Cookies Policy
X

This site uses cookies. By continuing to browse the site you are agreeing to our use of cookies.

I accept this policy

Find out more here

Open Access Russian Fascism in Exile. A Historical and Phenomenological Perspective on Transnational Fascism

No metrics data to plot.
The attempt to load metrics for this article has failed.
The attempt to plot a graph for these metrics has failed.
The full text of this article is not currently available.

Brill’s MyBook program is exclusively available on BrillOnline Books and Journals. Students and scholars affiliated with an institution that has purchased a Brill E-Book on the BrillOnline platform automatically have access to the MyBook option for the title(s) acquired by the Library. Brill MyBook is a print-on-demand paperback copy which is sold at a favorably uniform low price.

Russian Fascism in Exile. A Historical and Phenomenological Perspective on Transnational Fascism

  • PDF
  • HTML
Add to Favorites
You must be logged in to use this functionality

image of Fascism

Based on the example of Russian fascism in Harbin, Manchuria, this paper demonstrates how the concept, ‘transnational’ can relate to fascism in three ways: as a transnational phenomenon, as a transnational movement and in terms of the study of fascism from a transnational perspective, focusing on the relations and exchanges between fascist movements and how fascism crossed borders. One way of approaching implementing this perspective is to focus on the appropriation and adaptation of fascist bodies of thought into various local contexts. This paper argues that in this context the studies in fascism from a transnational perspective can profit from by focusing on a contemporary understanding of fascism instead of a priori academic definitions. Harbin fascists perceived fascism as a universal idea, which assumed distinct manifestations depending on the particularities of each nation. Therefore in the view of contemporaries fascism also constituted a transnational movement. In a second step this paper reflects on the question to what extend fascist studies could also benefit from the extension from a transnational to a transcultural perspective to better grasp the diverse influences on various manifestation of fascism and deepen our understanding of change and entanglements between fascist movements as well as their respective environments on a global scale.

Affiliations: 1: Cluster of Excellence ‘Asia and Europe’, University of Heidelberg Karl Jaspers Centre for Advanced Transcultural Studies, Bergheimer Str. 58 Building 4311 Room 108, D-69115 Heidelberg, Germany, hohler@asia-europe.uni-heidelberg.de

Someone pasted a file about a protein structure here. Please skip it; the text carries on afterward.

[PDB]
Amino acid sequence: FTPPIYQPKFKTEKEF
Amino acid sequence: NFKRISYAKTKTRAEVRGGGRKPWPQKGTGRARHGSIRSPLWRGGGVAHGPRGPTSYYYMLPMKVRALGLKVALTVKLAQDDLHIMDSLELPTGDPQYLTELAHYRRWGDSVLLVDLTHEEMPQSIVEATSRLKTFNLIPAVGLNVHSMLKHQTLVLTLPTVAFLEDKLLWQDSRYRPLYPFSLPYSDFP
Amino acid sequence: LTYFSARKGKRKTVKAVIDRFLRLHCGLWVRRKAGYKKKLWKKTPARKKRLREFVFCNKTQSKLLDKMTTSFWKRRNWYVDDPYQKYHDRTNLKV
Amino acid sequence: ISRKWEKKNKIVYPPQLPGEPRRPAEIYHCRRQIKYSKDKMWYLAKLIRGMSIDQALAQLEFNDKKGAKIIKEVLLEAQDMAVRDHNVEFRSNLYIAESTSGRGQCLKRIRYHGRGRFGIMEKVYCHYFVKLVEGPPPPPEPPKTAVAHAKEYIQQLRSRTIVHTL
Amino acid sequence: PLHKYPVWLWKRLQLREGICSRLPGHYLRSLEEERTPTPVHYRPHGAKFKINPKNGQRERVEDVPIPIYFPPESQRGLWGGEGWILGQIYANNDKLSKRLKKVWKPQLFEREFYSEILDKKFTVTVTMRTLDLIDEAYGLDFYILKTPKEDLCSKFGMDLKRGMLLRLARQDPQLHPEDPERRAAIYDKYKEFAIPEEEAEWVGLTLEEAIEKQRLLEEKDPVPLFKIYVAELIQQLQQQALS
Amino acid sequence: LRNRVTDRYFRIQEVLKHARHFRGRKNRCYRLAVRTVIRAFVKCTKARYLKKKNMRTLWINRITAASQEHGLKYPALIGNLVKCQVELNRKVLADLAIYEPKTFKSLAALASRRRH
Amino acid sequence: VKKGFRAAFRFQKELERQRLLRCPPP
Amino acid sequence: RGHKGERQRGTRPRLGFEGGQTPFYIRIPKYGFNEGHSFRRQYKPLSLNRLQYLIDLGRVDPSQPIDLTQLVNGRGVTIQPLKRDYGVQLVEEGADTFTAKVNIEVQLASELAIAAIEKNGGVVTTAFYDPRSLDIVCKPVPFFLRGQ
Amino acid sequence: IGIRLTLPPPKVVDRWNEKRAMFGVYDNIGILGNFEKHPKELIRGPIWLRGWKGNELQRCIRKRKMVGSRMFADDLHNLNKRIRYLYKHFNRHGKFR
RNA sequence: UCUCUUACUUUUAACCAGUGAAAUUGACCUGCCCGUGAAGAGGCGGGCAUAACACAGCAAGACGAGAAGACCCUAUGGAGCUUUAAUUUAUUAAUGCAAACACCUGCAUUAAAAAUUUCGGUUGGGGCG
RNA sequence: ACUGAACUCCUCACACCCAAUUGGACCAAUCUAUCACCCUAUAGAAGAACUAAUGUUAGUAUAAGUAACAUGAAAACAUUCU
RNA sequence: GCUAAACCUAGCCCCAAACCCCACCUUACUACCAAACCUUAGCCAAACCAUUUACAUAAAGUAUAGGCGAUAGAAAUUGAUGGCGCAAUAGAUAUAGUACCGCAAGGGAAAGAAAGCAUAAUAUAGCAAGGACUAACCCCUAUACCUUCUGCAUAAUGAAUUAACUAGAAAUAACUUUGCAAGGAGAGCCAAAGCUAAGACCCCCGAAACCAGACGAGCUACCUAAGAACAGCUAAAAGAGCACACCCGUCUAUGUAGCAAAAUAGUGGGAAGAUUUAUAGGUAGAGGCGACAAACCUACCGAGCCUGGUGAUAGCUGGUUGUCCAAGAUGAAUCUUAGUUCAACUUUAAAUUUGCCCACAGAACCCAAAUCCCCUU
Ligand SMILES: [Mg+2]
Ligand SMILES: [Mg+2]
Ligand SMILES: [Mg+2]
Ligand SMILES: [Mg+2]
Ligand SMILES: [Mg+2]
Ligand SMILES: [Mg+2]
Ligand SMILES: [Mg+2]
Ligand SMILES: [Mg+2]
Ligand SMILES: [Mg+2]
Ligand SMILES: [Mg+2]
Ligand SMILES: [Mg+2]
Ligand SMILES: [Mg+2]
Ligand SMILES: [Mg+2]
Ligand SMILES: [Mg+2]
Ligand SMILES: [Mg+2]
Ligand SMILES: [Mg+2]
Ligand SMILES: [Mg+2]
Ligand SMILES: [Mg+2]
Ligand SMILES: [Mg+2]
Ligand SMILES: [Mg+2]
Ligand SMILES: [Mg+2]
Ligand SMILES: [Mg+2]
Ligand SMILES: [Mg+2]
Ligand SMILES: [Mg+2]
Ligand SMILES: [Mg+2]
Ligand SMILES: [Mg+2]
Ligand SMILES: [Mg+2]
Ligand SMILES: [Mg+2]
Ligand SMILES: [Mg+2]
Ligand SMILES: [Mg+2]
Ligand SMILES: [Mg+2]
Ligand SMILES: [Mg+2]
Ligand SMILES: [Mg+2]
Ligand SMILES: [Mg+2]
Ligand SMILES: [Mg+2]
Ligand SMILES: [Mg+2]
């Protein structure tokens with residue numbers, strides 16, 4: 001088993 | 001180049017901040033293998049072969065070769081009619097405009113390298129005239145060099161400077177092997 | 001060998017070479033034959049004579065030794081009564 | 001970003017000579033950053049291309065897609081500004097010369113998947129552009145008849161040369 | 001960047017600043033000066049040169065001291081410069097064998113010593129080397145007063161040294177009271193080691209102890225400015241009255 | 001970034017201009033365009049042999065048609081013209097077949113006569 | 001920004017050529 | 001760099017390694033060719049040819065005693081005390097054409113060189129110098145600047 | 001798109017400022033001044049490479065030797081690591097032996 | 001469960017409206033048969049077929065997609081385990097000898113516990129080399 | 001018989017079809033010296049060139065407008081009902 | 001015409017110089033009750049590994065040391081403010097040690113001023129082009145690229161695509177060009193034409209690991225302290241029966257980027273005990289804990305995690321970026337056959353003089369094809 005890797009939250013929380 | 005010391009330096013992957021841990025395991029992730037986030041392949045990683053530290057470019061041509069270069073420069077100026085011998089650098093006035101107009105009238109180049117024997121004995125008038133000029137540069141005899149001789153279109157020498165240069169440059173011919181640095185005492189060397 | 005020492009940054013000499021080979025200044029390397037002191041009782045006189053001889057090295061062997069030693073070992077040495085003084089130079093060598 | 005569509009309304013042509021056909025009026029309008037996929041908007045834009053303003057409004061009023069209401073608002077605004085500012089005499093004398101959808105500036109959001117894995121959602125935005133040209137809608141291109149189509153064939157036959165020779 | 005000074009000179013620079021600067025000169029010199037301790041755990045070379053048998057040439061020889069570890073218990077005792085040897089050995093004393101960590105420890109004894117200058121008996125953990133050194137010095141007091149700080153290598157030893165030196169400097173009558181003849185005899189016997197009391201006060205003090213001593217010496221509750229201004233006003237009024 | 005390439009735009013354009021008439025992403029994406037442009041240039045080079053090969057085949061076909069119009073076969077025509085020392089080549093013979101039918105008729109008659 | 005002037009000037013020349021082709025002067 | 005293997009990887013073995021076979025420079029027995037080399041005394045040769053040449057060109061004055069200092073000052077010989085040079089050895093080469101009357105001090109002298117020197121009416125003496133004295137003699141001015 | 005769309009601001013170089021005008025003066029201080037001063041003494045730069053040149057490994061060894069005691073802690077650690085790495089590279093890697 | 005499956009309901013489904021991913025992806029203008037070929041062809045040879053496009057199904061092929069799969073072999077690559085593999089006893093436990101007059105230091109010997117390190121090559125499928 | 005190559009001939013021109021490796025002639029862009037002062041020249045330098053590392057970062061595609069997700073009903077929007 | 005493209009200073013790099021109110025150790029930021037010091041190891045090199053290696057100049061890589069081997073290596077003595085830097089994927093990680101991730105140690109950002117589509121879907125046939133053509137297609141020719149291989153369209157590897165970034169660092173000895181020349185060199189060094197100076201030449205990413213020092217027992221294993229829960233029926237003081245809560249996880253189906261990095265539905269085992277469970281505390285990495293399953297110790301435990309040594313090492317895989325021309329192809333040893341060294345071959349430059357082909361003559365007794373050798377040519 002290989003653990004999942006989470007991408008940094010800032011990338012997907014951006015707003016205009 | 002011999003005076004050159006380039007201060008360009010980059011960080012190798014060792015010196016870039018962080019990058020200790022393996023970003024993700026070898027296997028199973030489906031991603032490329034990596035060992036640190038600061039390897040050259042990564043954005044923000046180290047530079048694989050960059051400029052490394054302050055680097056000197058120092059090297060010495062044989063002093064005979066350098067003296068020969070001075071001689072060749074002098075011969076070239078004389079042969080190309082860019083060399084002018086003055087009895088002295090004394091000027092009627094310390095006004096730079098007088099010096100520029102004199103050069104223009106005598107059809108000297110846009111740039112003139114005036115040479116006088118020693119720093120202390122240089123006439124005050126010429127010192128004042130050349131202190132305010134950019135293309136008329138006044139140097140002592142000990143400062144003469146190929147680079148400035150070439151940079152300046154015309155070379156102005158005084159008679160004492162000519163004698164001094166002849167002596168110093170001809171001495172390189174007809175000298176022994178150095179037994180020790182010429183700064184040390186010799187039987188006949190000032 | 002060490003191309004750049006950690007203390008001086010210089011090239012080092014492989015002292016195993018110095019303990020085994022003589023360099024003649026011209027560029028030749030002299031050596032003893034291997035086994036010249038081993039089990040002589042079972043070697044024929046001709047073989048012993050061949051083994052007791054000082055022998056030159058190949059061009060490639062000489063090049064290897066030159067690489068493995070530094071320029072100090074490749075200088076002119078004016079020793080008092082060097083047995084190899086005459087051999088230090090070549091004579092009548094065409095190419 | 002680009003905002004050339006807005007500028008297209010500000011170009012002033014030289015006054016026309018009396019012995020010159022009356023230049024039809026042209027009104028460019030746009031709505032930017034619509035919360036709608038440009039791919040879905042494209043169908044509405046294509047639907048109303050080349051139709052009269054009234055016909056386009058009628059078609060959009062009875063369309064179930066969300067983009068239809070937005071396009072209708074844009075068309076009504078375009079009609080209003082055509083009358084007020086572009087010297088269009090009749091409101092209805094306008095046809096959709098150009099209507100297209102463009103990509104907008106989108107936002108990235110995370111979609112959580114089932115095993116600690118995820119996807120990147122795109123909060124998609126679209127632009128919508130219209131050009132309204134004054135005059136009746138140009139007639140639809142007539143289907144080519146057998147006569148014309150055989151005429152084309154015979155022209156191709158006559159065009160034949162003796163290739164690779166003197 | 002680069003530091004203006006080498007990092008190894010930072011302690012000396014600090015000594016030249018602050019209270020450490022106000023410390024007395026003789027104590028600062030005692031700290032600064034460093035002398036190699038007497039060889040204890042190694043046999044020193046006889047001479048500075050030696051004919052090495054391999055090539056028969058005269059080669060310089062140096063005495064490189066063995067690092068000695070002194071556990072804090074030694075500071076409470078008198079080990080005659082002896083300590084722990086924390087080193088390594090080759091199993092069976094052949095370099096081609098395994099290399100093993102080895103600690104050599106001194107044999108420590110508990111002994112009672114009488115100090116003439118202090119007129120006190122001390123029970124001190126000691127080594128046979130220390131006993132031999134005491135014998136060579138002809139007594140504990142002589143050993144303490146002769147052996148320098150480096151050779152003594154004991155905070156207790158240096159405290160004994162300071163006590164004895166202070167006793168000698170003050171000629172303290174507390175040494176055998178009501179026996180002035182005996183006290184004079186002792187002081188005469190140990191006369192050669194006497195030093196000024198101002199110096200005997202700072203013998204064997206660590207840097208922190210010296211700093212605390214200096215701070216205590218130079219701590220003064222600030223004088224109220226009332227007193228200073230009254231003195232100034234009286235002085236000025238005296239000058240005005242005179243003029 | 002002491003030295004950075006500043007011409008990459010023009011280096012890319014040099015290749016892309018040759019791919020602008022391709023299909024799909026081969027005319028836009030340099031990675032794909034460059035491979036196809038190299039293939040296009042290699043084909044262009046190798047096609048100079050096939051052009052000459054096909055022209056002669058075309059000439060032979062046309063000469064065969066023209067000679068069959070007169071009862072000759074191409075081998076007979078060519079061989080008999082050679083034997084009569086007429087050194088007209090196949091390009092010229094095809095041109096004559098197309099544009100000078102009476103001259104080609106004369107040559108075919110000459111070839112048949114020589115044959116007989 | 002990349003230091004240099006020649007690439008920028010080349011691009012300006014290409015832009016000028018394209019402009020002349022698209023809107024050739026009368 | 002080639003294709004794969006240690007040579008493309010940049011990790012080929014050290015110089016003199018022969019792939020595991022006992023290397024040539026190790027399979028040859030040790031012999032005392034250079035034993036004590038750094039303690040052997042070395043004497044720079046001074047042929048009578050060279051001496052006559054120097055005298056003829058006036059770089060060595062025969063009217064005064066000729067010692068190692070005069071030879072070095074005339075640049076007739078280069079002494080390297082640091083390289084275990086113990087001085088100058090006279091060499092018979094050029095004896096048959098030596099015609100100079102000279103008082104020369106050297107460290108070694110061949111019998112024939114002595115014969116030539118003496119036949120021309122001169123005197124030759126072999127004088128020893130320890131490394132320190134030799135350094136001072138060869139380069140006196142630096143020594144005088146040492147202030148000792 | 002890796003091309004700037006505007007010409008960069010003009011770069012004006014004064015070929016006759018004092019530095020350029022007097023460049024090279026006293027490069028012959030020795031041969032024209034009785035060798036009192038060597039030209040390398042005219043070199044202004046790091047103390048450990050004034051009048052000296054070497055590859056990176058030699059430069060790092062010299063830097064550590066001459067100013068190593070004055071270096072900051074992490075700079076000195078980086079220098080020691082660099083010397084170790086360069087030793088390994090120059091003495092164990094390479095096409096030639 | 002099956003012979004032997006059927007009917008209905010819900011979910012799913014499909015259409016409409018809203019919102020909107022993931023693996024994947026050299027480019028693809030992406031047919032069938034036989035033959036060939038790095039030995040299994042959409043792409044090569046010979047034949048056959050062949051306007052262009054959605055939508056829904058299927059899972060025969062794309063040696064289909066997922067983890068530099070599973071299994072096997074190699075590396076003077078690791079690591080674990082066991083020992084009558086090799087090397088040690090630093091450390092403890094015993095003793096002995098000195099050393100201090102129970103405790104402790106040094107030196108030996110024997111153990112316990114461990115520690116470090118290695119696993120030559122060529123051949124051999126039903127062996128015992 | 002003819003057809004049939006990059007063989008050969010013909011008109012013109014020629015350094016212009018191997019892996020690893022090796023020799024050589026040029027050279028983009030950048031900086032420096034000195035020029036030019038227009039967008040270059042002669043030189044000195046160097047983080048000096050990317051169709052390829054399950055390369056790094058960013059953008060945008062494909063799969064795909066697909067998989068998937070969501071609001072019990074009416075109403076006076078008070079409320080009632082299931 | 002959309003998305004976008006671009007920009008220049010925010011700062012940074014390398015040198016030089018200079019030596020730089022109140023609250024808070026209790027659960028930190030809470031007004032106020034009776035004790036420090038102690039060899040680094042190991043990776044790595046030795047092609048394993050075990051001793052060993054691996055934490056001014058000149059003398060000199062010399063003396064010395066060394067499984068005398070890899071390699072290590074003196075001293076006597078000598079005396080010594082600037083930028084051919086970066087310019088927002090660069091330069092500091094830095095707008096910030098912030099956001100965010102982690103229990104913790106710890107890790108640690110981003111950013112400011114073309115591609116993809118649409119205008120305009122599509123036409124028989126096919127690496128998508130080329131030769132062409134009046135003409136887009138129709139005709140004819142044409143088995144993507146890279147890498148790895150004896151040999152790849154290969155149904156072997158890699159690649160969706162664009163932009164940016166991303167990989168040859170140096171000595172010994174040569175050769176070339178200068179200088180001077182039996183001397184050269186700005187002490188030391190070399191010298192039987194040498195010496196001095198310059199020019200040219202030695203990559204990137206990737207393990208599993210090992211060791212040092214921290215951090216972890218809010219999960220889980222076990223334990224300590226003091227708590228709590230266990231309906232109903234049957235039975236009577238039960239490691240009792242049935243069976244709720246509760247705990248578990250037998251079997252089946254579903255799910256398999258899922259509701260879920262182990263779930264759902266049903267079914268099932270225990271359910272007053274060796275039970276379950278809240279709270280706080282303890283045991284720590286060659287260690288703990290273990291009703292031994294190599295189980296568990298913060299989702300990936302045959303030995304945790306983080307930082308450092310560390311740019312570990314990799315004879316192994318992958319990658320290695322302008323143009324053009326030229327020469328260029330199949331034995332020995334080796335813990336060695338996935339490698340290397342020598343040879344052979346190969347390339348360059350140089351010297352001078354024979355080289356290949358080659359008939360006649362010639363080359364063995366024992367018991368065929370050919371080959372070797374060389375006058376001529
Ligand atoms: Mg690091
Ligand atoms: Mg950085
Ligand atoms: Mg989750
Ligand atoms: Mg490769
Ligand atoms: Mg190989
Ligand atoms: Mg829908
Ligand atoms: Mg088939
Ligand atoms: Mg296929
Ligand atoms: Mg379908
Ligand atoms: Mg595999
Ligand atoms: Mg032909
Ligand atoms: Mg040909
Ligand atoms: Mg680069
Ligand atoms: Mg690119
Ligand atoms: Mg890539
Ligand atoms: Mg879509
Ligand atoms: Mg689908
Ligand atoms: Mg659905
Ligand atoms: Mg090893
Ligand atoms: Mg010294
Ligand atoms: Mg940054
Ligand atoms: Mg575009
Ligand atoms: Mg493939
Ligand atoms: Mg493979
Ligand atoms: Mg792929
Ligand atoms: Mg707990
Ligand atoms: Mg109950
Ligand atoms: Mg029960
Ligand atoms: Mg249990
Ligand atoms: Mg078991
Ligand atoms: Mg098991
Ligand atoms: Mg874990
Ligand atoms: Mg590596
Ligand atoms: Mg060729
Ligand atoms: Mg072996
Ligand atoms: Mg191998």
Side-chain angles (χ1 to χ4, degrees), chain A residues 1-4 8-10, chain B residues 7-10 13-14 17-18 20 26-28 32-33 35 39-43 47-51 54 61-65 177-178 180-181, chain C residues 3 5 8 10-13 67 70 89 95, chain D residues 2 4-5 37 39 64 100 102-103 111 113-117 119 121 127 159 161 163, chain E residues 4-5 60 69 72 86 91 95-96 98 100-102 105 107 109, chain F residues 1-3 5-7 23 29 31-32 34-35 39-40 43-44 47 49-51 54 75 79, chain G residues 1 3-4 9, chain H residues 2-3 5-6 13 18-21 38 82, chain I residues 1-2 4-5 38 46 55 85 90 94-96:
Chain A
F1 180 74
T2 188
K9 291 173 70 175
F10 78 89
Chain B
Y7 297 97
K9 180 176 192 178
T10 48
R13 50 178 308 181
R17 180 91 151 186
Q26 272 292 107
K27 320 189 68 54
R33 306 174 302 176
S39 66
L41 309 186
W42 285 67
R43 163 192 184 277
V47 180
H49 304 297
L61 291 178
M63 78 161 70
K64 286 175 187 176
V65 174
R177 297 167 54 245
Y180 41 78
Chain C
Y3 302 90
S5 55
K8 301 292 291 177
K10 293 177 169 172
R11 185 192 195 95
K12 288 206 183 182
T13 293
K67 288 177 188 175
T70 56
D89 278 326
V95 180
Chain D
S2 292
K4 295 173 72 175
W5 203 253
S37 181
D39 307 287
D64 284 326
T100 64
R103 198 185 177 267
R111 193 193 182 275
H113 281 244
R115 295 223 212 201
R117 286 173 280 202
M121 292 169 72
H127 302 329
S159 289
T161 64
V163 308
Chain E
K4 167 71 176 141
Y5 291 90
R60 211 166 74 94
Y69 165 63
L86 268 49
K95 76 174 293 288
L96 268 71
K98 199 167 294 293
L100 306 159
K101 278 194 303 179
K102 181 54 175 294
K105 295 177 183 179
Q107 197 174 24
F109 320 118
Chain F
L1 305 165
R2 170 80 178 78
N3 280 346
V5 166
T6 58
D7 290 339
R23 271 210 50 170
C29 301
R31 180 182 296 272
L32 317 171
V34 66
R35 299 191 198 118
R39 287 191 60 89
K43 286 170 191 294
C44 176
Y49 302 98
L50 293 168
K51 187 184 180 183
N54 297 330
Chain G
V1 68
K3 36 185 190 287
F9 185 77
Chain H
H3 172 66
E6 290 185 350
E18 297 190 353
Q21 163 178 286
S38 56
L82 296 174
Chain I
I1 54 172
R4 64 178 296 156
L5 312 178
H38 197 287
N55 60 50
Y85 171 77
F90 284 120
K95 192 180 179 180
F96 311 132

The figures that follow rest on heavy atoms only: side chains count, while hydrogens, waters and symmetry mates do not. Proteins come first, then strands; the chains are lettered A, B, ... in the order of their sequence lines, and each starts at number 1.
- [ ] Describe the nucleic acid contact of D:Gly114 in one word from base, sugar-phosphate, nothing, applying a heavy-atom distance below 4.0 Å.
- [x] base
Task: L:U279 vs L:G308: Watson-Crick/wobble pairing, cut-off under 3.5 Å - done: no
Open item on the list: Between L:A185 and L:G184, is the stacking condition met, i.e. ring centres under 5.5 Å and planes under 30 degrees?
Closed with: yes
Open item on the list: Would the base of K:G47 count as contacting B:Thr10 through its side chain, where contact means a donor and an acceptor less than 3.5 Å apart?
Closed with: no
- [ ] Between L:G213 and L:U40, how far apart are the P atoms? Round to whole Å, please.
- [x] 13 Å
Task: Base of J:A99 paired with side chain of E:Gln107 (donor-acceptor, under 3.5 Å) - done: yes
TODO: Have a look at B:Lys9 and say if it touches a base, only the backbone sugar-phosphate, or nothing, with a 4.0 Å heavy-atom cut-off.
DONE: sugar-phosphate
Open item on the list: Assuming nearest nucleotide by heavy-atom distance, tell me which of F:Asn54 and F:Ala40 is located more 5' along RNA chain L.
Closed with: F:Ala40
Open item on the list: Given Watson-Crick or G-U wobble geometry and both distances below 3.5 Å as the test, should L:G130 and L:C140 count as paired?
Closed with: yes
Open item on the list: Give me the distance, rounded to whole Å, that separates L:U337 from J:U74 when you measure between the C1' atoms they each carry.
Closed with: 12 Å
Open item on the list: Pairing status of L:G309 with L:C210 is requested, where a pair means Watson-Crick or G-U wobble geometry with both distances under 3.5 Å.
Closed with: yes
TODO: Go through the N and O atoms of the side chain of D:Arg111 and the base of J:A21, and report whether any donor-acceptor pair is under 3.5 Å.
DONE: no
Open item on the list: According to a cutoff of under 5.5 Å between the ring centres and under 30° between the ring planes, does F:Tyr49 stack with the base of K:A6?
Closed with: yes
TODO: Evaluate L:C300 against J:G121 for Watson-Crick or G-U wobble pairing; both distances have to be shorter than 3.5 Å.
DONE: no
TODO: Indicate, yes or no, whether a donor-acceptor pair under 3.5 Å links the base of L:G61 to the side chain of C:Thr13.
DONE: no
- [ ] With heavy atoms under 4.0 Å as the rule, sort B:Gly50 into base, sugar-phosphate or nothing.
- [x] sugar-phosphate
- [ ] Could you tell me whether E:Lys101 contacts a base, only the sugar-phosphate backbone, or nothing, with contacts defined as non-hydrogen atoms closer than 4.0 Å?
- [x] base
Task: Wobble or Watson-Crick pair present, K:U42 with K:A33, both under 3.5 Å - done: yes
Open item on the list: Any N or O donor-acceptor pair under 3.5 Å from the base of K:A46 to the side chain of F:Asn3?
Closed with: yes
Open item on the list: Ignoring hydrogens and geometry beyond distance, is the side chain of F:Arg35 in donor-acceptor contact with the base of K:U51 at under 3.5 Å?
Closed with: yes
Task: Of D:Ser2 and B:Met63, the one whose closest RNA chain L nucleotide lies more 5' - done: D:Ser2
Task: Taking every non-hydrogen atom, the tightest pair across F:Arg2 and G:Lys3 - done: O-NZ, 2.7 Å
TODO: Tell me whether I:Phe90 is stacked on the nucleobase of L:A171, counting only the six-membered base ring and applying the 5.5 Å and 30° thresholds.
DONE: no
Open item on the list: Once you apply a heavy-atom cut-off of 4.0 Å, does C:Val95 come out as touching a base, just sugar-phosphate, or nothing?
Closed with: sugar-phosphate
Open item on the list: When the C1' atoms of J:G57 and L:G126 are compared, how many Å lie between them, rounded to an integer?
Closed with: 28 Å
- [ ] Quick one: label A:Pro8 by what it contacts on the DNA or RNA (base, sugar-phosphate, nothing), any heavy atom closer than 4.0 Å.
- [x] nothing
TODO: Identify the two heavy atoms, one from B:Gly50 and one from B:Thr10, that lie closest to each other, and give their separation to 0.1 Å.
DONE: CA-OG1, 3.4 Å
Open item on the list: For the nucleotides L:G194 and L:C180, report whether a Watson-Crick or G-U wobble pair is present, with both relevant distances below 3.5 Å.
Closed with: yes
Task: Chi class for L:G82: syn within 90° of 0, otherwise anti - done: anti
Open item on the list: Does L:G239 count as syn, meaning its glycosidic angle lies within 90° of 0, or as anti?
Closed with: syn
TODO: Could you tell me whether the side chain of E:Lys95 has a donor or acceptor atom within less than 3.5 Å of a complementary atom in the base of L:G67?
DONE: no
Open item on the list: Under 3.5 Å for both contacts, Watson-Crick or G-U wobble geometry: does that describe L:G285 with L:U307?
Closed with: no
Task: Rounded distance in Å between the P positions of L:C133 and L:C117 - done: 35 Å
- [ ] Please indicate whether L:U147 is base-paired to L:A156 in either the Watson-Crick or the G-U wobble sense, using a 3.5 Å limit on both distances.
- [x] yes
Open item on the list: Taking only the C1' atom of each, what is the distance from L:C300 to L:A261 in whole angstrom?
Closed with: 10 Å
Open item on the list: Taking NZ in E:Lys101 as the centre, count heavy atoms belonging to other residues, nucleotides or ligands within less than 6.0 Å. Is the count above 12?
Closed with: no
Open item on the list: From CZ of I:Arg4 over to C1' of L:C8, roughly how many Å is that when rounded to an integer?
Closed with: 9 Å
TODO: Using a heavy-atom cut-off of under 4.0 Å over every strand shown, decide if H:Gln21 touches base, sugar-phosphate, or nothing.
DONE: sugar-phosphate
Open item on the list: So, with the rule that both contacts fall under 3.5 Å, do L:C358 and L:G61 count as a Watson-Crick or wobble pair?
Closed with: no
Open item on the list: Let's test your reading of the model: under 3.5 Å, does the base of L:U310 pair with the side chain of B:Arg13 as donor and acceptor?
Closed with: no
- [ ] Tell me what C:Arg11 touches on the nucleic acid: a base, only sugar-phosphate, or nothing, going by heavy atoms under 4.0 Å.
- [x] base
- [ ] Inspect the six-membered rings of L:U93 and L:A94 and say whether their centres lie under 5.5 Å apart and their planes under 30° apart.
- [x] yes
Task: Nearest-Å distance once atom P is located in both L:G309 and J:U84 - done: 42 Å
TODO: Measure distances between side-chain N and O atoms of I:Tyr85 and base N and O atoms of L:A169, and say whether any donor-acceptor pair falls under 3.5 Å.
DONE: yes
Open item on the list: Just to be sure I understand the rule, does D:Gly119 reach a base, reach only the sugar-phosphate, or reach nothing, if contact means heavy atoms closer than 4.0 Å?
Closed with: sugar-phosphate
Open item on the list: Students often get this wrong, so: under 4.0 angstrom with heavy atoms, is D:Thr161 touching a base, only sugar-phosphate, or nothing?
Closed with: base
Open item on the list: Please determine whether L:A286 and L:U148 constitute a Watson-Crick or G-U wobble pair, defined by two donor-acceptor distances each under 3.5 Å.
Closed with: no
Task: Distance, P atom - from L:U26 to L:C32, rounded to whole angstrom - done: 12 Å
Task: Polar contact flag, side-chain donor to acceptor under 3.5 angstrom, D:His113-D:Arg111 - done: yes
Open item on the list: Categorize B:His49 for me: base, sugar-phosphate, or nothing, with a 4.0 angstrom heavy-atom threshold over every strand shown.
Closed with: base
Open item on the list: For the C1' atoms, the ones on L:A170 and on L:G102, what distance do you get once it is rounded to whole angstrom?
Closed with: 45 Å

10.1163/22116257-00202002
/content/journals/10.1163/22116257-00202002
dcterms_title,pub_keyword,dcterms_description,pub_author
6
3
Loading

Based on the example of Russian fascism in Harbin, Manchuria, this paper demonstrates how the concept, ‘transnational’ can relate to fascism in three ways: as a transnational phenomenon, as a transnational movement and in terms of the study of fascism from a transnational perspective, focusing on the relations and exchanges between fascist movements and how fascism crossed borders. One way of approaching implementing this perspective is to focus on the appropriation and adaptation of fascist bodies of thought into various local contexts. This paper argues that in this context the studies in fascism from a transnational perspective can profit from by focusing on a contemporary understanding of fascism instead of a priori academic definitions. Harbin fascists perceived fascism as a universal idea, which assumed distinct manifestations depending on the particularities of each nation. Therefore in the view of contemporaries fascism also constituted a transnational movement. In a second step this paper reflects on the question to what extend fascist studies could also benefit from the extension from a transnational to a transcultural perspective to better grasp the diverse influences on various manifestation of fascism and deepen our understanding of change and entanglements between fascist movements as well as their respective environments on a global scale.

Loading

Full text loading...

/deliver/journals/22116257/2/2/22116257_002_02_S002_text.html;jsessionid=F1Xfoq3Qn14tWQffkOyK97Of.x-brill-live-02?itemId=/content/journals/10.1163/22116257-00202002&mimeType=html&fmt=ahah
/content/journals/10.1163/22116257-00202002
Loading

Data & Media loading...

http://brill.metastore.ingenta.com/content/journals/10.1163/22116257-00202002
Loading
Loading

Article metrics loading...

/content/journals/10.1163/22116257-00202002
2013-01-01
2016-12-08

Sign-in

Can't access your account?
  • Key

  • Full access
  • Open Access
  • Partial/No accessInformation